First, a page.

John H. Holliday (founder of the Indianapolis News) and his wife Evaline, both active philanthropists, deeded their 80-acre estate to the city in 1916 for use as a public park. The land became part of the city park system in early March 1932. Several years after the city took possession of the property, New Deal Works Progress Administration (WPA) employees began work to clear and rearrange the terrain, constructing paths and roads in the woodlands, creating small ponds stocked with trout and bluegill, building a picnic shelter, and creating what is now the rock garden.

The Ruins at Holliday Park, including three massive statues called The Races of Man, ca. 1950s-1960s Credit: Indiana Landmarks View Source

An arboretum and botanical garden opened in early 1940 after several years of work by Butler University professor and botanist William Clute who focused on building up a collection of rare and exotic plants. In 1941, Scott McCoy, a botany teacher at Arsenal Technical High School, was hired to manage the park. He began a column in the Indianapolis Star “Happenings at Holliday Park” and also increased the number of native plant specimens in the park. After McCoy came a long list of managers, most staying only a few years.

Throughout the 1940s and into the 1950s, Holliday Park was maintained as a botanical garden and arboretum. The Holliday House had been converted into a botanic library and museum of natural history, which was used by school children, local garden clubs, and community organizations. The Indianapolis Art League (Indianapolis Art Center) also used the space for classes, workshops and art lectures. The house was destroyed by fire in 1955, and a new Holliday House replaced it in 1960.

In 1958, Holliday Park became home to The Races of Mankind sculpted by Karl T. Bitter. Born in Vienna, Austria, in 1867, Bitter attended art school with Rudolf Schwarz, sculptor of the “War” and “Peace” groups at the foot of the Soldiers And Sailors Monument.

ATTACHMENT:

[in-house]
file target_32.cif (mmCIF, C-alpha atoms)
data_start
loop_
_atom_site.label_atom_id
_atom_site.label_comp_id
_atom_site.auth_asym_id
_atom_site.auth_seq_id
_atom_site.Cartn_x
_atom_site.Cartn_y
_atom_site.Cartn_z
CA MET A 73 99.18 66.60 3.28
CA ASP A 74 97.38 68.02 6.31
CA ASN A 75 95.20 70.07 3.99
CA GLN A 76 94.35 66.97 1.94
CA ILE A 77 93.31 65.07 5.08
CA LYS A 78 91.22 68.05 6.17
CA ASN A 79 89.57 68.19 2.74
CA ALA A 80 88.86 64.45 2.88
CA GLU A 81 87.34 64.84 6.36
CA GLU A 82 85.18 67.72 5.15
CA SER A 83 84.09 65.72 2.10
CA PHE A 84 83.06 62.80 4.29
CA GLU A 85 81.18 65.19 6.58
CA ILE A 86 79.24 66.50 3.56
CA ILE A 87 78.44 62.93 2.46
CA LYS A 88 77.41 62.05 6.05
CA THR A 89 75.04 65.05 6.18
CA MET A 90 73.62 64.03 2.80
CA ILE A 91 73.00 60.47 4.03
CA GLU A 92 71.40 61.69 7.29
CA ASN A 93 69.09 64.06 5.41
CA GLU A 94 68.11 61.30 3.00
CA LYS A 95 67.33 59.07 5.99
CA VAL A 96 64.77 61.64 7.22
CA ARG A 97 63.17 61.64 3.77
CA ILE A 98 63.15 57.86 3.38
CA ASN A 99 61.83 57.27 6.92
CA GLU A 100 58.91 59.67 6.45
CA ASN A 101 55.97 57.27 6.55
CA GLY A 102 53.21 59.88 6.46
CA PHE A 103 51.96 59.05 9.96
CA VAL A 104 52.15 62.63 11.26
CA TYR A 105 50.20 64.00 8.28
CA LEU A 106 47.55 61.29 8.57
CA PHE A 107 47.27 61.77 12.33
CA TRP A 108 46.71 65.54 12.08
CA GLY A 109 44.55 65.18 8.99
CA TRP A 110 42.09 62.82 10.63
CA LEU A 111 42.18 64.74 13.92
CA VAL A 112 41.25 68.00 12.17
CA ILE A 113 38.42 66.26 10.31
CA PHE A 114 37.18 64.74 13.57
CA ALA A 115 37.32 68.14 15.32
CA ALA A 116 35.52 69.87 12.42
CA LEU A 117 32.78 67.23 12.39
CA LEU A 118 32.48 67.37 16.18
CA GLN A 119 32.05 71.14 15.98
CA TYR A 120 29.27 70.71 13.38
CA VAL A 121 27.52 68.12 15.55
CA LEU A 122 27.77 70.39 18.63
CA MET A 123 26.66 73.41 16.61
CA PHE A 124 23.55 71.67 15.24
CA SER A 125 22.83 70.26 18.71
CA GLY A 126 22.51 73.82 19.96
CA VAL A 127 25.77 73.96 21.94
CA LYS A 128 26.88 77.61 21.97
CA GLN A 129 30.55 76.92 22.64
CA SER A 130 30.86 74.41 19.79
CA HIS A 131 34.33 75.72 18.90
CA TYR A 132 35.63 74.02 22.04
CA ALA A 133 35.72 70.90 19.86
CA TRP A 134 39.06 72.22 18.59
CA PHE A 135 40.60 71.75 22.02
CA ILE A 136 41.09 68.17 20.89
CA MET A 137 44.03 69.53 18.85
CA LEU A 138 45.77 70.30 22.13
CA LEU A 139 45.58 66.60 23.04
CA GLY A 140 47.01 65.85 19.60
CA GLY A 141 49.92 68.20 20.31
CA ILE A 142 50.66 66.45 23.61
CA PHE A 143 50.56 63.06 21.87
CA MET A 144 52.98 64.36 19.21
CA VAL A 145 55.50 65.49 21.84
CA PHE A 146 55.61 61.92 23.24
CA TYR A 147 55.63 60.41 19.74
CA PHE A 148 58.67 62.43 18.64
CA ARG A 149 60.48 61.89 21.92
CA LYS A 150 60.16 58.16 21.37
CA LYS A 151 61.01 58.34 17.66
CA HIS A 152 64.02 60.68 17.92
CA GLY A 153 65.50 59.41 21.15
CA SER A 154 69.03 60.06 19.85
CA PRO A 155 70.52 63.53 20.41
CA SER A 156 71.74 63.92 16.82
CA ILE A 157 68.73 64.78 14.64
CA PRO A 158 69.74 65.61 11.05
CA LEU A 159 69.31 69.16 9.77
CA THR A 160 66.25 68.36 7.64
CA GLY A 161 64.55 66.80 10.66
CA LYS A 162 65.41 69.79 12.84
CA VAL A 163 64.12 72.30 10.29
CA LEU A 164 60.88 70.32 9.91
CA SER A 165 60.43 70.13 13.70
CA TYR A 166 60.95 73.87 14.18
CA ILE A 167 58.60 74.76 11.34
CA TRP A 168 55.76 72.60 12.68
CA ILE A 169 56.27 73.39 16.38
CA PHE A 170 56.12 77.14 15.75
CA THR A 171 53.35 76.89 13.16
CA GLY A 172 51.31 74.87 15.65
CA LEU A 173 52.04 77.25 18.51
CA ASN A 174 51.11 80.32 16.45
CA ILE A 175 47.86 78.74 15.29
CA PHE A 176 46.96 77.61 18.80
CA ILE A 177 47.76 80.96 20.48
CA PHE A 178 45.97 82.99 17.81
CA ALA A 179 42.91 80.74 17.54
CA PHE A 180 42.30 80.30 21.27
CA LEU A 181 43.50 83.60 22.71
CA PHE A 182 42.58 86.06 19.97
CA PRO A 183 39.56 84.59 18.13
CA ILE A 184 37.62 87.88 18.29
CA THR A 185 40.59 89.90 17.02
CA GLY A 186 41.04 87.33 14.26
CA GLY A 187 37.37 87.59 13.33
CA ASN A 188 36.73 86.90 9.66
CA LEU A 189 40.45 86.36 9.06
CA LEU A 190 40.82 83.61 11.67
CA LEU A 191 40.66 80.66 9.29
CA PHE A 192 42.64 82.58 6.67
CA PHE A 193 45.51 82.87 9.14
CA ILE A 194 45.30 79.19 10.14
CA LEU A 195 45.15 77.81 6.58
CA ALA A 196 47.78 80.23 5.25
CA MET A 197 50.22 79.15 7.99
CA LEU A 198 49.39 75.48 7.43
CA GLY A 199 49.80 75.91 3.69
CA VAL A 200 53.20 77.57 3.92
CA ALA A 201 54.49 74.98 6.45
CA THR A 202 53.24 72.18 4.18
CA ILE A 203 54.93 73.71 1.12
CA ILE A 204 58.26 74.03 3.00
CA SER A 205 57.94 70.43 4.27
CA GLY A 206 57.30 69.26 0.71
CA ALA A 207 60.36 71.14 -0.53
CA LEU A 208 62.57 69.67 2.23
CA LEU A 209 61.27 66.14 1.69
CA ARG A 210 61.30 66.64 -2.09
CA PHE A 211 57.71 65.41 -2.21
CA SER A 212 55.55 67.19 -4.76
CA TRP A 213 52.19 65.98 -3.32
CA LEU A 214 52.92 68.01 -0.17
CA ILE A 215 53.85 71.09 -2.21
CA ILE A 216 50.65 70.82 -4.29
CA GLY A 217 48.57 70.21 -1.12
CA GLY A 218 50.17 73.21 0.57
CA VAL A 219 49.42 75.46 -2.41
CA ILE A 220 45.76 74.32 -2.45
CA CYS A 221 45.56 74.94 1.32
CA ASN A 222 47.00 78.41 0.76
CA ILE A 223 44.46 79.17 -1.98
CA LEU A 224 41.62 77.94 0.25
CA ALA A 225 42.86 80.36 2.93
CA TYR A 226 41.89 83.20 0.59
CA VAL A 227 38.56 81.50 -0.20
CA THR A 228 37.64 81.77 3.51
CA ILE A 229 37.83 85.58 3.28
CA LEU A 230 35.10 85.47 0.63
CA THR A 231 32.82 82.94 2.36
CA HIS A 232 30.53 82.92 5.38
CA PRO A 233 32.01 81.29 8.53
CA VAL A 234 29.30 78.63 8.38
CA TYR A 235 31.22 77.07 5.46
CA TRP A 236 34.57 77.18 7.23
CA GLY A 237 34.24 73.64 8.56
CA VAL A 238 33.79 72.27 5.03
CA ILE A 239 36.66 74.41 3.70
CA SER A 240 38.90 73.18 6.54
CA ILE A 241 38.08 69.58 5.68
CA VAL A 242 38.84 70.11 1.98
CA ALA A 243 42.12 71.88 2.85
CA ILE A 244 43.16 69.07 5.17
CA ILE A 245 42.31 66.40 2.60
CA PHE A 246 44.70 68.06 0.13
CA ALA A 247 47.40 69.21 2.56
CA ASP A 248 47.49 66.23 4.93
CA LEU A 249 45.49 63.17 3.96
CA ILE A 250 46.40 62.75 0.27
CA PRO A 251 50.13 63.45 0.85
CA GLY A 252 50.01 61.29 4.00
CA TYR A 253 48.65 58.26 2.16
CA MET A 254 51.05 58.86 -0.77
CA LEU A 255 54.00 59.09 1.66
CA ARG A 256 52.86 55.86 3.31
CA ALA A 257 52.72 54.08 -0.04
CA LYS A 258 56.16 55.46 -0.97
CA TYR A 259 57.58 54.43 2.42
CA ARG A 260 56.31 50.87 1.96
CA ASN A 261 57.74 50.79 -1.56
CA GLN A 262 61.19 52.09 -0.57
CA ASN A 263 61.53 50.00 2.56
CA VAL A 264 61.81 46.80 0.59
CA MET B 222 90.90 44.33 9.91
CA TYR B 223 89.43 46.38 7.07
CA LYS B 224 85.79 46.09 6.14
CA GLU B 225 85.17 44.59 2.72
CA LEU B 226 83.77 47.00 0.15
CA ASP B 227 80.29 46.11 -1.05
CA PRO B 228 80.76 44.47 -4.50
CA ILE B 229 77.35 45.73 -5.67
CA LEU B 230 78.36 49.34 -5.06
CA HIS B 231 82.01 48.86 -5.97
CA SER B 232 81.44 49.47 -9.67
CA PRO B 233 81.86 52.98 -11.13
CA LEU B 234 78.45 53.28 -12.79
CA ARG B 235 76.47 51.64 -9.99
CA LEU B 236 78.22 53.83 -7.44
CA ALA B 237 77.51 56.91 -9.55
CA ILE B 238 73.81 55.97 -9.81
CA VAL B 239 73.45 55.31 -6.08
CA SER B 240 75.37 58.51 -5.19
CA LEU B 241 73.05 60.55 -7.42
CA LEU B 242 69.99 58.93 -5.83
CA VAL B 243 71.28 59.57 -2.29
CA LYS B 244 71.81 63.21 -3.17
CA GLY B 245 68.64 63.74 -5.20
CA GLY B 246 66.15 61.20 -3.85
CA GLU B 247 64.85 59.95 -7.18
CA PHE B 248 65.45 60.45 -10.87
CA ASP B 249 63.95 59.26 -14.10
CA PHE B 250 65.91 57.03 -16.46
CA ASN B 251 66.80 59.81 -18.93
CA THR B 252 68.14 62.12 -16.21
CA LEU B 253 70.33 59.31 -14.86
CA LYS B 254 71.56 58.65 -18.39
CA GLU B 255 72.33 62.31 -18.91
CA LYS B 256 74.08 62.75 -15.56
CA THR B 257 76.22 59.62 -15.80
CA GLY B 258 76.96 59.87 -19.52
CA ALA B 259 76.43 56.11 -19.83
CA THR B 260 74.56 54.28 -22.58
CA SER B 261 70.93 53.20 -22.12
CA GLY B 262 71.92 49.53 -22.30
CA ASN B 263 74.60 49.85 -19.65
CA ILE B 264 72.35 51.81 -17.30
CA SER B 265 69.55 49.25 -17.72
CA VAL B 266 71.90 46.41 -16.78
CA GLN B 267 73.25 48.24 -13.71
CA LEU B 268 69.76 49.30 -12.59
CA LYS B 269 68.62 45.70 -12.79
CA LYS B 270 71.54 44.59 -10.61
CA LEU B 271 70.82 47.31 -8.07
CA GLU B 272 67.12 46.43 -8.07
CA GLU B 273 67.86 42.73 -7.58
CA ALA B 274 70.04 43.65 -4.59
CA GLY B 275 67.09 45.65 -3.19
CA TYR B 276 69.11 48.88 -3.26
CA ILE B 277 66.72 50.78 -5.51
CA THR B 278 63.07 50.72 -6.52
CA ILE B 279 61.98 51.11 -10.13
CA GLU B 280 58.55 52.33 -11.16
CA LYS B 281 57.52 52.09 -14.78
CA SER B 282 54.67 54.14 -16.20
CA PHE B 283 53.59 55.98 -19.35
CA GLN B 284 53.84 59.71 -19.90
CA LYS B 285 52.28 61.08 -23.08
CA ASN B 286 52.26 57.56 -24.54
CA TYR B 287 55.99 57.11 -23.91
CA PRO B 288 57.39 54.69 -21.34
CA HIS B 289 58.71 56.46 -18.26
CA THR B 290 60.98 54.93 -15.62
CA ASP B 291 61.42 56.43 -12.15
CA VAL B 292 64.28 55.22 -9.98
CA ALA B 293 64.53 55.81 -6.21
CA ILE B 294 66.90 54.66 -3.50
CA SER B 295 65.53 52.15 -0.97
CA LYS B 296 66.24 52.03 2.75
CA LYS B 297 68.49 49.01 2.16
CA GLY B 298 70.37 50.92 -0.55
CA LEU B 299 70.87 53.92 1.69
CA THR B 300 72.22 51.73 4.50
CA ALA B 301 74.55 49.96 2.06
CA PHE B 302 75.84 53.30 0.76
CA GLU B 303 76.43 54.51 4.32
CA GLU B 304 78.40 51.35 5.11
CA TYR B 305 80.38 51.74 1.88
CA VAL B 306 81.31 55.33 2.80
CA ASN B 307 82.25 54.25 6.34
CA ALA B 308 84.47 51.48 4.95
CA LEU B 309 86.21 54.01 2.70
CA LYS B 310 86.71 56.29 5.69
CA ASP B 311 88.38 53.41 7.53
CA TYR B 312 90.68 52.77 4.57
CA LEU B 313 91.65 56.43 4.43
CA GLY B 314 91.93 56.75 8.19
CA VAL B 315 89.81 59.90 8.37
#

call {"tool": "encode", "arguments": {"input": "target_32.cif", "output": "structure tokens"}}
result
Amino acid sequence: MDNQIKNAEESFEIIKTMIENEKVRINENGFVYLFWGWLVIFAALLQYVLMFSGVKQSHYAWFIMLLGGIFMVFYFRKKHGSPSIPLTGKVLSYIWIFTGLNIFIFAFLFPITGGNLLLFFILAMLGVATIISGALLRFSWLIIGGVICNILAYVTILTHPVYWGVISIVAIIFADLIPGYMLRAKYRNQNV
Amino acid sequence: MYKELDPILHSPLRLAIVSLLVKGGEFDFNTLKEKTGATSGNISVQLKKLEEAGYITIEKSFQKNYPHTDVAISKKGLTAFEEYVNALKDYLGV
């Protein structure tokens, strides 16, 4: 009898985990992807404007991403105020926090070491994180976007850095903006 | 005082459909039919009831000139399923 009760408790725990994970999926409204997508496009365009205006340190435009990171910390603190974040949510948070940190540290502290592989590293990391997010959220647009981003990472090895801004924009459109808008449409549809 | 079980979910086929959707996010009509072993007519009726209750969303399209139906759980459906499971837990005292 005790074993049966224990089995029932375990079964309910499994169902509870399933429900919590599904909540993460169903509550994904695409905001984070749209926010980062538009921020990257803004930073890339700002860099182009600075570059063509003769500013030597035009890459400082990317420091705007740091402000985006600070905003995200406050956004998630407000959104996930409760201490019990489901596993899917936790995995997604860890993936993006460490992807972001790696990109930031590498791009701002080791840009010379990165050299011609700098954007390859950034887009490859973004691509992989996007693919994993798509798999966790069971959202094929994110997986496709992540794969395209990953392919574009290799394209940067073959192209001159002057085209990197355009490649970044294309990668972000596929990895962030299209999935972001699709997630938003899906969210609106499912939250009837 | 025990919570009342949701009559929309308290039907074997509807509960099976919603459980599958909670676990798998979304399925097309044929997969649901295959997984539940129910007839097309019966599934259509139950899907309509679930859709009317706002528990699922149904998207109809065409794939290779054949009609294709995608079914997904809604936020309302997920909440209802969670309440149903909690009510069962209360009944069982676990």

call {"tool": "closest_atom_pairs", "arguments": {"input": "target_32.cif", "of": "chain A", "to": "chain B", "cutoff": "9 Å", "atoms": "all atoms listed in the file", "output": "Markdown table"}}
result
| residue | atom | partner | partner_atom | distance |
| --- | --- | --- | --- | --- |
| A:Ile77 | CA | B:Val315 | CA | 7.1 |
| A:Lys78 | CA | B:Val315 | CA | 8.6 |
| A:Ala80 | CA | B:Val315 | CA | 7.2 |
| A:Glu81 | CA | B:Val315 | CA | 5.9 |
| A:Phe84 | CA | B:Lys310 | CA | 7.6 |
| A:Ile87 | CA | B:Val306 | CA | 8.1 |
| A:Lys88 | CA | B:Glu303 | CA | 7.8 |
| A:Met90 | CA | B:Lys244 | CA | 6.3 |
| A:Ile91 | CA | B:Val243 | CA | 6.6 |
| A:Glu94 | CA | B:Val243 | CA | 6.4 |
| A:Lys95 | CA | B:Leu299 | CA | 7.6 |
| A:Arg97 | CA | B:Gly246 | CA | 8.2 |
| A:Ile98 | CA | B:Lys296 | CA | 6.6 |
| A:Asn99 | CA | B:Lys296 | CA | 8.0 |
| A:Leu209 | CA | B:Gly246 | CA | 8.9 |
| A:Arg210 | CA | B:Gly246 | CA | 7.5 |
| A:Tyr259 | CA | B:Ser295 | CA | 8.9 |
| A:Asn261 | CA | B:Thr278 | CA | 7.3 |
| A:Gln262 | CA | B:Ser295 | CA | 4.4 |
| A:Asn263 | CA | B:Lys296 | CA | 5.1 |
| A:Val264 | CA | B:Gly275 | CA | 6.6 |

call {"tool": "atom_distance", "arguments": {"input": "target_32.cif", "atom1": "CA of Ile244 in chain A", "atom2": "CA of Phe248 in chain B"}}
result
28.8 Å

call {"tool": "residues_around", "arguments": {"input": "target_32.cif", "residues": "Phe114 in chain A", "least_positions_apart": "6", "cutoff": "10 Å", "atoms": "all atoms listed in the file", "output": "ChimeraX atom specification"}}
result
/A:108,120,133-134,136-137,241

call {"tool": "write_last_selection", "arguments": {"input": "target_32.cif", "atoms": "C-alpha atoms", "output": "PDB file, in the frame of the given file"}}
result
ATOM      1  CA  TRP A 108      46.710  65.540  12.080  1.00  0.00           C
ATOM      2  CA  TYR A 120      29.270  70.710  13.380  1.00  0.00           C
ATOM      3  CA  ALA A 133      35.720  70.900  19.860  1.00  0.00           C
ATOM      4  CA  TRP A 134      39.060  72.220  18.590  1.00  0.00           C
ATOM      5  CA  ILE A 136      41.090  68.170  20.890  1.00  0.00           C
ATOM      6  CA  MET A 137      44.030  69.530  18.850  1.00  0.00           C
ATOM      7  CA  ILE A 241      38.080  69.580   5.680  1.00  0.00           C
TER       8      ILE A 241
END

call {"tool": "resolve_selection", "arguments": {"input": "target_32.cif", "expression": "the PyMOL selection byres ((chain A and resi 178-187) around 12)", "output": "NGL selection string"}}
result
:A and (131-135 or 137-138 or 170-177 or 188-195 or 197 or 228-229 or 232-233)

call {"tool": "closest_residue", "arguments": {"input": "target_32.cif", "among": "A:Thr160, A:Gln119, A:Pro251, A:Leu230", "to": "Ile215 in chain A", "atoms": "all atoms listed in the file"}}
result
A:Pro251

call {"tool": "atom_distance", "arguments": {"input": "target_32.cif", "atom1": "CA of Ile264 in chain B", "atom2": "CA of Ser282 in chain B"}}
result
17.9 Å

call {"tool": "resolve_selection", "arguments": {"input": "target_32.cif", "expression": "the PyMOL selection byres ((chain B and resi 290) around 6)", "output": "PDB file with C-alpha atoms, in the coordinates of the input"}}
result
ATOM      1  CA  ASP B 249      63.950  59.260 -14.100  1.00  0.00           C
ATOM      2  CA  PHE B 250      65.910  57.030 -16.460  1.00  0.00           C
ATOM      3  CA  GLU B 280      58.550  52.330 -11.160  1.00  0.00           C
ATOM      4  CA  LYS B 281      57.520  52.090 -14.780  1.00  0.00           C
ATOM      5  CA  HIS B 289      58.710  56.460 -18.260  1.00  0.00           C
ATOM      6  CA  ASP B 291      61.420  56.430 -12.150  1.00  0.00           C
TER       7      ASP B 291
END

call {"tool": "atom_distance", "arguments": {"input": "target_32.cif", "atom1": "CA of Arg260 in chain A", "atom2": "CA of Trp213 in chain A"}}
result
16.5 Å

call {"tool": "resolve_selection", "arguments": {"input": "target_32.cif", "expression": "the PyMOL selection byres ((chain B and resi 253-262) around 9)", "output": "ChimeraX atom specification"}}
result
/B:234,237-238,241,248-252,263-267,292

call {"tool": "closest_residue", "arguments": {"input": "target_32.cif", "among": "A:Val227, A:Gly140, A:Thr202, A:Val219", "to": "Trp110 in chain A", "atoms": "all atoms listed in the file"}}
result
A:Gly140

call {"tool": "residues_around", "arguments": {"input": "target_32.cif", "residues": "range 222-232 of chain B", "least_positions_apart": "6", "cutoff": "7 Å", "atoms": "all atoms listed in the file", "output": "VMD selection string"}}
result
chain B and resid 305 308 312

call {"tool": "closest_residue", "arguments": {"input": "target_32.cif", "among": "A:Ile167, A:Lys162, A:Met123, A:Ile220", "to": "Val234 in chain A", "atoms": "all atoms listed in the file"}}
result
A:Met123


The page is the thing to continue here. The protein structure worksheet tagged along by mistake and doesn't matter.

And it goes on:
Among his many important works completed at the turn of the twentieth century, Bitter designed the five-foot-tall statues of three kneeling men to adorn New York City’s St. Paul Building, which was constructed in 1896. His figures adorn the Memorial Fountain in University Park. When Western Electric Company decided to raze the building in 1958 to make way for its new headquarters, the corporation arranged with the Committee to Preserve American Art to donate the sculptures. A national committee selected Indianapolis over bids by the United Nations, several universities, and the New York airport.

Reka Dom, the Holliday residence on the property that became Holliday Park, ca. 1890s Credit: Indy Parks/Friends of Holliday Park View Source

The city commissioned local artist Elmer E. Taflinger to design a grotto for the statues, which later became known as “The Ruins.” Taflinger’s proposal persuaded western electric, which had a plant on Shadeland Avenue, to give the Bitter statues to Indianapolis.

The development of Taflinger’s plans was delayed until the 1970s. When finally dedicated in October 1973, “Constitution Mall,” as Taflinger called his design, included three limestone tablets representing the three races of mankind and the three branches of government, a reflecting pool with fountains, 25 Grecian columns from the former Sisters of the Good Shepherd Convent, and 4 allegorical female statues from the old Marion County Courthouse, all situated amidst a tree-filled landscape.

Holliday Park began the 1980s with upgrades including a freshly remodeled and landscaped Holliday House, labeled and replaced trees in the Arboretum, and construction of the Wedding Circle. By the late 1980s, however, the park was no longer being maintained and began to be plagued by vandalism and crime. Visits to the park declined, and schools stopped sending classes there for field trips.

The Friends of Holliday Park was officially organized in June 1990 to address safety concerns as well as to maintain and preserve the park. One of their first projects was to secure funding for a playground to bring families back to the park. By 1992, a new playground as well as sidewalks, landscaping, fences, and drinking fountains were completed. A year later, the city invested in revitalizing the park’s trail system. The entrance was moved as well to align with 64th Street. Nature and environmental programs were increased through the 1990s, and educational resources were created for teachers, schoolchildren, scout troops, and other visitors.

The Holliday Park Natural Center, 2015 Credit: Taylor Studios View Source

In 1998, the Holliday House needed many repairs and so plans were laid to build a new nature center. The groundbreaking ceremony for the Holliday Park Nature Center occurred in October, and its doors opened on April 15, 2000. The nature center included an innovative exhibit hall displaying the history of the park, art galleries, an auditorium and classrooms, indoor wildlife viewing spaces, and a research library next door.

Friends of Holliday Park along with Indy Parks replaced the playground equipment in 2006 and 2007. In 2012, the group began revitalizing and expanding the Ruins after raising over $3.2 million. The project, which also included the construction of a performance space, was completed in September 2016.

Revised February 2021

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